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Knowledge and perceptions of risk for cardiovascular disease: Findings of a qualitative investigation from a low-income peri-urban community in the Western Cape, South Africa

By Sam Surka, Krisela Steyn, Katherine Everett-Murphy, Thomas A. Gaziano and Naomi Levitt


Background: South Africa currently faces an increasing burden of cardiovascular disease. Although referred to clinics after community screening initiatives, few individuals who are identified to be at high risk for developing cardiovascular disease attend. Low health literacy and risk perception have been identified as possible causes. We investigated the knowledge and perceptions about risk for cardiovascular disease in a community. Method We conducted a series of focus group discussions with individuals from a low-income peri-urban community in the Western Cape, South Africa. Different methods of presenting risk were explored. The data were organised into themes and analysed to find associations between themes to provide explanations for our findings. Results: Respondents’ knowledge of cardiovascular disease and its risk factors varied, but most were familiar with the terms used to describe cardiovascular disease. In contrast, understanding of the concept of risk was poor. Risk was perceived as a binary concept and evaluation of different narrative and visual methods of presenting risk was not possible. Conclusion: Understanding cardiovascular disease and its risk factors requires a different set of skills from that needed to understand uncertainty and risk. The former requires knowledge of facts, whereas understanding of risk requires numerical and computational skills. Without a better understanding of risk, risk assessments for cardiovascular disease may fail in this community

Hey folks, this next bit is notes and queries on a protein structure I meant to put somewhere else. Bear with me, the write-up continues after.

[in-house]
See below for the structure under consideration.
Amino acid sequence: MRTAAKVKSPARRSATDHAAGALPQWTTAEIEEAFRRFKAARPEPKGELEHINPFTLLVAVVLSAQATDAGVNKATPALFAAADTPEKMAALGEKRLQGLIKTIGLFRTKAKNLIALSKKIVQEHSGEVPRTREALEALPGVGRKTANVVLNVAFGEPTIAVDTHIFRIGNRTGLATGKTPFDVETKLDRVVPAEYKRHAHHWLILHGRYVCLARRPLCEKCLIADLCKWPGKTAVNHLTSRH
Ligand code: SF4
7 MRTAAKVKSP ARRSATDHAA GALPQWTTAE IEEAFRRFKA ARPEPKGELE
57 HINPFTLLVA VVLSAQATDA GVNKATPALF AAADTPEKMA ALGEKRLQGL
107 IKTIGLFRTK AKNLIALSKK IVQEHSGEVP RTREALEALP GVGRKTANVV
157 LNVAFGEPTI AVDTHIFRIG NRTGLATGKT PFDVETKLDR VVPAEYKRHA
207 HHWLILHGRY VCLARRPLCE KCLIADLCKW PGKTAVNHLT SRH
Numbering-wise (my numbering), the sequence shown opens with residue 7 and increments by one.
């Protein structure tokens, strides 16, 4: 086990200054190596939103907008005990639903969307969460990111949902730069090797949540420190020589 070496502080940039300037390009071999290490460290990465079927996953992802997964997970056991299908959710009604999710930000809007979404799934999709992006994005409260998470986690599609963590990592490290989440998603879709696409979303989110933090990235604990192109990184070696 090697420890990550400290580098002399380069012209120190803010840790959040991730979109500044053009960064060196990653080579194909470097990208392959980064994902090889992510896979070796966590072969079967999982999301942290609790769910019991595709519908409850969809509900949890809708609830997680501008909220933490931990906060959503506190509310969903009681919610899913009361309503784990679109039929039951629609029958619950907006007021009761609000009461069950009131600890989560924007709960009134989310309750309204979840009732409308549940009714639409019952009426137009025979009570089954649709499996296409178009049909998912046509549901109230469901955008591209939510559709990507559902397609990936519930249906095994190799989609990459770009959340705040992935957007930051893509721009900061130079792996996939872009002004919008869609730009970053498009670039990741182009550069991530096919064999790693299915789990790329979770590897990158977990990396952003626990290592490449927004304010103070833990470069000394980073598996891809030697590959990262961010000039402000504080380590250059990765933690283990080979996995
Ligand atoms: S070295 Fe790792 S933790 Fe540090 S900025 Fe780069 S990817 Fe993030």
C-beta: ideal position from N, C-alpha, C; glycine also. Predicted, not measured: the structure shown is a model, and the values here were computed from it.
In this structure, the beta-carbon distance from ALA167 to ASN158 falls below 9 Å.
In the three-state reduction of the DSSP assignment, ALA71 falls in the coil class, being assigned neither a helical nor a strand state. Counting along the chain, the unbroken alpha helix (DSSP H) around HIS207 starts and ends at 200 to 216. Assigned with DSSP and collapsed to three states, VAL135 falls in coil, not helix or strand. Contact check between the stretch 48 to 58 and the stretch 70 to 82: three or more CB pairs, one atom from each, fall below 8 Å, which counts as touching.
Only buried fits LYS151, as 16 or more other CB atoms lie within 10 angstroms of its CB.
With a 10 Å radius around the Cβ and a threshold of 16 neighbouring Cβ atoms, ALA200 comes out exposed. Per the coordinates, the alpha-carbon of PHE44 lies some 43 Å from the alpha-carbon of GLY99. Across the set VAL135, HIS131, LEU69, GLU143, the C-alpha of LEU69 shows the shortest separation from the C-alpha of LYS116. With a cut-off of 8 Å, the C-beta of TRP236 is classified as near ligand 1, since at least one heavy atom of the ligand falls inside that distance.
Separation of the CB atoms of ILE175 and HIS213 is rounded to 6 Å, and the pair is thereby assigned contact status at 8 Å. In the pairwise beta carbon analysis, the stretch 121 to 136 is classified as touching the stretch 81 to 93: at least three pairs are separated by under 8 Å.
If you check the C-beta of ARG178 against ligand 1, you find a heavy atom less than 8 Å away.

Publisher: 'AOSIS'
Year: 2016
DOI identifier: 10.4102/phcfm.v7i1.891.
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